Oil prices keep rising despite few signs of supply dropping
Oil prices are continuing to test four month highs despite fears that the drivers behind the rise are not sustainable.
Overnight, the US-focused West Texas Intermediate crude price pushed above $US40 a barrel, while the key global benchmark Brent crude price traded just shy of its highest price this year.
The steady rise has been in large part driven by the belief that major oil producers, meeting in Doha this weekend, will vote to freeze production at January levels.
The Brent price was given an additional kick along with the North Sea rig maintenance season expected to restrict supplies, while the US price was supported by a surprisingly large fall in oil inventories last week.
US prices have risen 3.6 per cent over the past month, while Brent is up close to 6 per cent.
OPEC production rise driven by Iran
But while prices have been rising, so has production feeding into the already well established oil glut.
A survey from the independent commodities research house Platts found oil production from the Organisation of the Petroleum Exporting Countries (OPEC) rose by 40,000 barrels per day (b/d) to 32.38 million b/d in March.
The increase was largely driven by now sanction-free Iran boosting its production by 110,000 b/d, more than offsetting production declines in the United Arab Emirates as well as the troubled fields in Libya, Nigeria and Venezuela.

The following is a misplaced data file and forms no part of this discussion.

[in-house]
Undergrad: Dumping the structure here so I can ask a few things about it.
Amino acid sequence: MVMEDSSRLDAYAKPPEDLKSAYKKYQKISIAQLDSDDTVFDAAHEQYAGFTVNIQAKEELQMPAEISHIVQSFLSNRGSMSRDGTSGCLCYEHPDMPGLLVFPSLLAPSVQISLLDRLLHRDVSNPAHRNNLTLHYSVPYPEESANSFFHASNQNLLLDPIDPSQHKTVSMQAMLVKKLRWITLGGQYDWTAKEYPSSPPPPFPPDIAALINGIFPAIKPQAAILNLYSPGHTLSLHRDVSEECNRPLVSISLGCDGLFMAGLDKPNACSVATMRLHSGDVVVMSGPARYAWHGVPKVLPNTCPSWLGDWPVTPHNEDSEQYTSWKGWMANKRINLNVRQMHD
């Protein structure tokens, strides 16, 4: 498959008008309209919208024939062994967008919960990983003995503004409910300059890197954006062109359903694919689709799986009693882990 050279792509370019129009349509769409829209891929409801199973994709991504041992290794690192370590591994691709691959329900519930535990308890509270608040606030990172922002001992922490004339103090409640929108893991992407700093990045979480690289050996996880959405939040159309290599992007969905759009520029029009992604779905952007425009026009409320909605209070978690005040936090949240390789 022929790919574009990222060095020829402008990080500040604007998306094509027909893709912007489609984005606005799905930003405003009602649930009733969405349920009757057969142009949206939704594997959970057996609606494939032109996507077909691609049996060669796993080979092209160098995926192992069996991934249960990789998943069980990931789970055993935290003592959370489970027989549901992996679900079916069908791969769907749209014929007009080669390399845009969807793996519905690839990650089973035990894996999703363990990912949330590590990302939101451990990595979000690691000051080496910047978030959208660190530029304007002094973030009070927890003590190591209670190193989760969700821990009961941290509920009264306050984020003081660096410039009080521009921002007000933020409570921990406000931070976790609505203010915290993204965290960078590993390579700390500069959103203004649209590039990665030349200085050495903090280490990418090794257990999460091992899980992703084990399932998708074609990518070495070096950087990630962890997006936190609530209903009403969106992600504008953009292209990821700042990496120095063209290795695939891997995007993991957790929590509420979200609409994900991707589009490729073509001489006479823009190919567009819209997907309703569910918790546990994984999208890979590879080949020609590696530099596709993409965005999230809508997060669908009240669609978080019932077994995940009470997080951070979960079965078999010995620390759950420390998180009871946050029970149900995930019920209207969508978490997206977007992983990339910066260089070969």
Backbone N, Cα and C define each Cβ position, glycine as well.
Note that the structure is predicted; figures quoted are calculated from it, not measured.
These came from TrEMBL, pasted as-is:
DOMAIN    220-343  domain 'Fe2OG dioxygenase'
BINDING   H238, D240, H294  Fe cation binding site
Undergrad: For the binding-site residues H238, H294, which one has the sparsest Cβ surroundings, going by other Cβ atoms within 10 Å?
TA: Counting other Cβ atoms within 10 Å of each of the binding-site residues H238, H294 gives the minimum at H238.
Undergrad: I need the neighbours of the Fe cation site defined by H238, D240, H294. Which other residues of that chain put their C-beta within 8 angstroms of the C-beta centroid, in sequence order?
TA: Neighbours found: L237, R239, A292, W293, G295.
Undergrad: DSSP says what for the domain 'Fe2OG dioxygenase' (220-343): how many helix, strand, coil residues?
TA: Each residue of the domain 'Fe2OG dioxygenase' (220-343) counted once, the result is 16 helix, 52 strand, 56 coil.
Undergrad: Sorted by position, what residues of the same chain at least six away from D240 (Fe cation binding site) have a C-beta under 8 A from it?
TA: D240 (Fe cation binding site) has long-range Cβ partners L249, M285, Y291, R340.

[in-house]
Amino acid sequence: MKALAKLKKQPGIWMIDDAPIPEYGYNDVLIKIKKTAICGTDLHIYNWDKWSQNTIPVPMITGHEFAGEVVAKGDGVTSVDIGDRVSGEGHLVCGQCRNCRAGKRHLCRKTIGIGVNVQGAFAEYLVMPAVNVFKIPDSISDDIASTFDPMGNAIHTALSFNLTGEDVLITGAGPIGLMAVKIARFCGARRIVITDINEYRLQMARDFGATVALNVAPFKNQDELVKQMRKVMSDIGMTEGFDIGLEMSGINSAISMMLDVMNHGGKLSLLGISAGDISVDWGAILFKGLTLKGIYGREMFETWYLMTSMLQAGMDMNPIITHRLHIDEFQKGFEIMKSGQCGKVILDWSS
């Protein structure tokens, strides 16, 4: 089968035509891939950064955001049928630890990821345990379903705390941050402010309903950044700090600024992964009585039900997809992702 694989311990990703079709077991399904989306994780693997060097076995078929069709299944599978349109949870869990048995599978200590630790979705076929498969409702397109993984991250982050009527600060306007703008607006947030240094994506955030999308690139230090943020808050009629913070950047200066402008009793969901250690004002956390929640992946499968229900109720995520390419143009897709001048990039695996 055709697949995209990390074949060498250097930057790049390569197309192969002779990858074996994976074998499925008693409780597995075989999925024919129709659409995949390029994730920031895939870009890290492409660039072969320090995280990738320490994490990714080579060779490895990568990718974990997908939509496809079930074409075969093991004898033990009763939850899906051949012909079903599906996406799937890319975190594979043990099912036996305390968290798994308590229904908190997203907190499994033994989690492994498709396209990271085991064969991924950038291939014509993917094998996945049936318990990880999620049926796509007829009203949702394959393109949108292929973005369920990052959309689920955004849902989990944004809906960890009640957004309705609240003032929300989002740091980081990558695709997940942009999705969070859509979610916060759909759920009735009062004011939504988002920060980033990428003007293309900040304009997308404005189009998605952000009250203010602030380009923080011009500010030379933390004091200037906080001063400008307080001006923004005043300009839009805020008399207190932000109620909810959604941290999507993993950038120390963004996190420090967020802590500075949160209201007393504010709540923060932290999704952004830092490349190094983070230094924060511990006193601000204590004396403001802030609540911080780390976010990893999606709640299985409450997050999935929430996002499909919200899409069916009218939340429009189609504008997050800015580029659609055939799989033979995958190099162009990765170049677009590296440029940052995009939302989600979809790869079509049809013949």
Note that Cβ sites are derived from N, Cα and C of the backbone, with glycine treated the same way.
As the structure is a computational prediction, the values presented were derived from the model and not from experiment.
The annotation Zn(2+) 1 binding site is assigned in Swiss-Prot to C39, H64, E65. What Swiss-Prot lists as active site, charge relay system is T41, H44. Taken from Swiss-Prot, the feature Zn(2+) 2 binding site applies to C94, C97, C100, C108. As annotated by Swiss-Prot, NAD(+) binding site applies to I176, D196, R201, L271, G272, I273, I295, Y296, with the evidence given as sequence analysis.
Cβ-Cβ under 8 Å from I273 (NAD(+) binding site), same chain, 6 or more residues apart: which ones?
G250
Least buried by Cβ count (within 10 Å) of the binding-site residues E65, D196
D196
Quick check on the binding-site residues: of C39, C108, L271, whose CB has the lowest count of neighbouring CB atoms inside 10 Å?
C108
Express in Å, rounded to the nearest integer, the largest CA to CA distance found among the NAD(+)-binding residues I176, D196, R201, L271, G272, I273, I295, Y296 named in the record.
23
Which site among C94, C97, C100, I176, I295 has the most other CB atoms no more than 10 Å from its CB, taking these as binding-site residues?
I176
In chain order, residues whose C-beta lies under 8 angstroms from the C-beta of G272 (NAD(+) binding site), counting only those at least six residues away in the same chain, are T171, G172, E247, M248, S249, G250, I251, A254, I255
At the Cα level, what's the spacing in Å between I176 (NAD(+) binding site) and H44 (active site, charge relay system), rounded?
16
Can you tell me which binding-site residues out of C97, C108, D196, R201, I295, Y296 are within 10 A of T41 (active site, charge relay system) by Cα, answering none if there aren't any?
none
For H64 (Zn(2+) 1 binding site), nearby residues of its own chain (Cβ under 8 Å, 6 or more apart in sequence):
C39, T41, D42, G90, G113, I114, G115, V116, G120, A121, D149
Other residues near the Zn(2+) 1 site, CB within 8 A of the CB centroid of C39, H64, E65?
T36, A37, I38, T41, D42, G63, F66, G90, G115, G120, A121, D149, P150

Platts said Saudi Arabia — OPEC's largest producer — had maintained its production at 10.2 million b/d for the third consecutive month.
Platts senior editor Eklavya Gupte said Iran and Iraq remain the big swing factors, having driven OPEC output higher in March, while Saudi Arabia has been more neutral, keeping production steady since January.
"Neither Iran nor Iraq has made firm commitments to the Doha talks, but their collective stance could be a decisive element regarding any agreement over a production freeze," Mr Gupte said.
Doha meeting may not deliver production freeze
However there is a far from unified front among the 13 countries that have so far confirmed their attendance in Doha.
Iran has publicly refused to participate until it reaches a daily production of 4 million barrels per day, which is still 20 per cent above current levels of 3.2 million b/d.
As well, Saudi Arabia's deputy crown prince Mohammad Bin Salman recently voiced confidence that the Saudi economy could withstand "lower-for-longer" oil prices.
RBC's head of commodity strategy Helima Croft said this seeming comfort with scuttling the production freeze puts the Saudis at odds with not only the fragile oil producers, such as Venezuela and Nigeria, but also its traditional allies in the Gulf.
Qatar has been at the forefront of efforts to broker an agreement in Doha, driven by concerns about possible credit rating downgrades and increased borrowing costs.
Morgan Stanley's commodities team believes the market is getting ahead of itself on price.
In an overnight note to clients, Morgan Stanley warned that the Brent rally does not imply any upside for price or evidence of a faster recovery in the global production imbalance.
The investment house also noted that the market may be "too excited" by the 4.9 million barrel decline in US inventories last week which was affected by a series of "one-offs" which are unlikely to be repeated.
Source: ABC News